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5 Tips for Effective Communication in the Workplace

How to manage and communicate with global and distributed teams in a hybrid work environment today? In a scenario like this, what is effective communication?
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Businesses and organizations had to embrace hybrid and remote work environments post-pandemic and make smart decisions to help them manage diverse teams. Communication has always been an integral part of a business.

Still, it’s never been more critical than in today’s world of flexible working, whether teams prefer to communicate over email, in person, or on a Zoom call.

Educating teams about workplace communication in a hybrid and traditional work environment is crucial. Organizations have to practice flexibility, creativity, and the ability to embrace the differences for efficient business processes.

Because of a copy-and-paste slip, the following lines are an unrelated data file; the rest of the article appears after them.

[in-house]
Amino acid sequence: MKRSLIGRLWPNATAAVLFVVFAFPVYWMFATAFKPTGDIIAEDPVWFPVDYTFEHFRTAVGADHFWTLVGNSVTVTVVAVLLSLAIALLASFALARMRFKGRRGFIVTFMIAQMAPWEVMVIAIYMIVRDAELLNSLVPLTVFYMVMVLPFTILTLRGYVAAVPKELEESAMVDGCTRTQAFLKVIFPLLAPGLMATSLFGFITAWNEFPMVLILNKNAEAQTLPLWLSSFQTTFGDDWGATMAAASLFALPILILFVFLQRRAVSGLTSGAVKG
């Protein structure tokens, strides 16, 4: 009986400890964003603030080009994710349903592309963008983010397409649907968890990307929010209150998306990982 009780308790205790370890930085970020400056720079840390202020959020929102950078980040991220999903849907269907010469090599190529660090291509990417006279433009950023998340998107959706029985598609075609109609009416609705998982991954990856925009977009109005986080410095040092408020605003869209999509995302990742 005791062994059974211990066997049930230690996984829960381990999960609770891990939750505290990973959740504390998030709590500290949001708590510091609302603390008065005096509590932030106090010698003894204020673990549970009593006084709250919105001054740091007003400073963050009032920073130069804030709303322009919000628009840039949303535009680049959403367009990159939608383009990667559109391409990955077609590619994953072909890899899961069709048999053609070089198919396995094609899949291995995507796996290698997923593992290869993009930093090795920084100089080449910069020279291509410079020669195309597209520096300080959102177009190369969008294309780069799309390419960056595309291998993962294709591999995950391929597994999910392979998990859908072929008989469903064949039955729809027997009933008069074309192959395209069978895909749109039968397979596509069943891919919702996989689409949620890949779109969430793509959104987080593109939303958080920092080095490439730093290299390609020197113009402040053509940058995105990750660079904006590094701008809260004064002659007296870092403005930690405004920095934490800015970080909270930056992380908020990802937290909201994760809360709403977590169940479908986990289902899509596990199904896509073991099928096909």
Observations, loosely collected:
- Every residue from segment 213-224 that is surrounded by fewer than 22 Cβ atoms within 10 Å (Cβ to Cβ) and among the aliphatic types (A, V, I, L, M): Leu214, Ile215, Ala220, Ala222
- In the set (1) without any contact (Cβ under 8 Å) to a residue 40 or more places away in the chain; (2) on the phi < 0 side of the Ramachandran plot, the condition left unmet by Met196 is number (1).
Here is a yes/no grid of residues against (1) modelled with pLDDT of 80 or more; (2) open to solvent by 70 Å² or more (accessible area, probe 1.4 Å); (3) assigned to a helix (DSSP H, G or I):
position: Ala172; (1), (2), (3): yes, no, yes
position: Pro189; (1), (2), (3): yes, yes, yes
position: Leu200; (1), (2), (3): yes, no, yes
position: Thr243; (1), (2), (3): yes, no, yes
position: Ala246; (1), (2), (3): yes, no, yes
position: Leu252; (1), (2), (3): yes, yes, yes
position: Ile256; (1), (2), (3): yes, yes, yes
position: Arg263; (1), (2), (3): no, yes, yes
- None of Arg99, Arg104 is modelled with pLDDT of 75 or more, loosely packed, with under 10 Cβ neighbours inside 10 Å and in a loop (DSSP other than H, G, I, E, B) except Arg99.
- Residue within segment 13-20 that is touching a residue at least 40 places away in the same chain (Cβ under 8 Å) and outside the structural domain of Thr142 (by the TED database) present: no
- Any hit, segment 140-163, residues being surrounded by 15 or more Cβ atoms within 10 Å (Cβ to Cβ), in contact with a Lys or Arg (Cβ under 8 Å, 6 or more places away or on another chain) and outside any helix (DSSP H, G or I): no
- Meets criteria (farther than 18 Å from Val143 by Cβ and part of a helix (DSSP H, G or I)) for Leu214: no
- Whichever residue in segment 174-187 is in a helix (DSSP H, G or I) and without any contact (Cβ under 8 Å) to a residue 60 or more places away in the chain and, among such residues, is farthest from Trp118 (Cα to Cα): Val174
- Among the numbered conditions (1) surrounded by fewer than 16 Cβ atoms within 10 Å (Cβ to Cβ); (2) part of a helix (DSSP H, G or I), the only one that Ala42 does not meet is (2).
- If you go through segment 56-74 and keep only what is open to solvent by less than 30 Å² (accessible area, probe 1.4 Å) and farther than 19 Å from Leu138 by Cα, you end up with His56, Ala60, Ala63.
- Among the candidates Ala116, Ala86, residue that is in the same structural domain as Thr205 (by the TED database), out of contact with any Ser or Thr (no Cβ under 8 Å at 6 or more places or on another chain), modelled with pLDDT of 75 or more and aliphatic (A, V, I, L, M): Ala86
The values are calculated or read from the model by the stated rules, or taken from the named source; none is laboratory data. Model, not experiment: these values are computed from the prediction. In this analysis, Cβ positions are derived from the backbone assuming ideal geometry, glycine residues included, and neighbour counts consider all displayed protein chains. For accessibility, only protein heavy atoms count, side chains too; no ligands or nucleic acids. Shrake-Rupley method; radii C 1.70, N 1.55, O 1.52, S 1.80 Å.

So, how to manage and communicate with global and distributed teams in a hybrid work environment today?

In a scenario like this, it’s essential to leverage proven strategies and tools to communicate effectively and ensure team cohesion.

In this article today, we will explain some insights, suggestions, and expert tips for effective communication in the workplace.

What is Effective Communication?

Maintaining the business values, vision, and mission in a rapidly changing work environment is challenging. The barriers in communication are experienced at large due to tech-naive team members, technological errors, and lack of awareness. Thus businesses and companies need to go the extra mile to achieve team cohesion.

So, what is effective communication?

Effective communication in the workplace is communicating with both the internal and external teams at your organization that aligns with the company’s mission and vision.

It is important that effective communication should be clear and delivers the purpose.

Types of Communication in a Workplace

Businesses that do not practice effective communication in the workplace lose millions of dollars. Communication is a soft skill, and investing in the soft skill set of the new hires is as essential as investing in hard skills.

Verbal & Non-Verbal Communication

The two kinds of communication in the workplace are verbal and non-verbal communication. Both verbal and nonverbal communication contribute equally.

We have been discussing a lot about verbal communication, which includes written or spoken; however, most non-verbal communication is often neglected when it comes to effective communication in the workplace.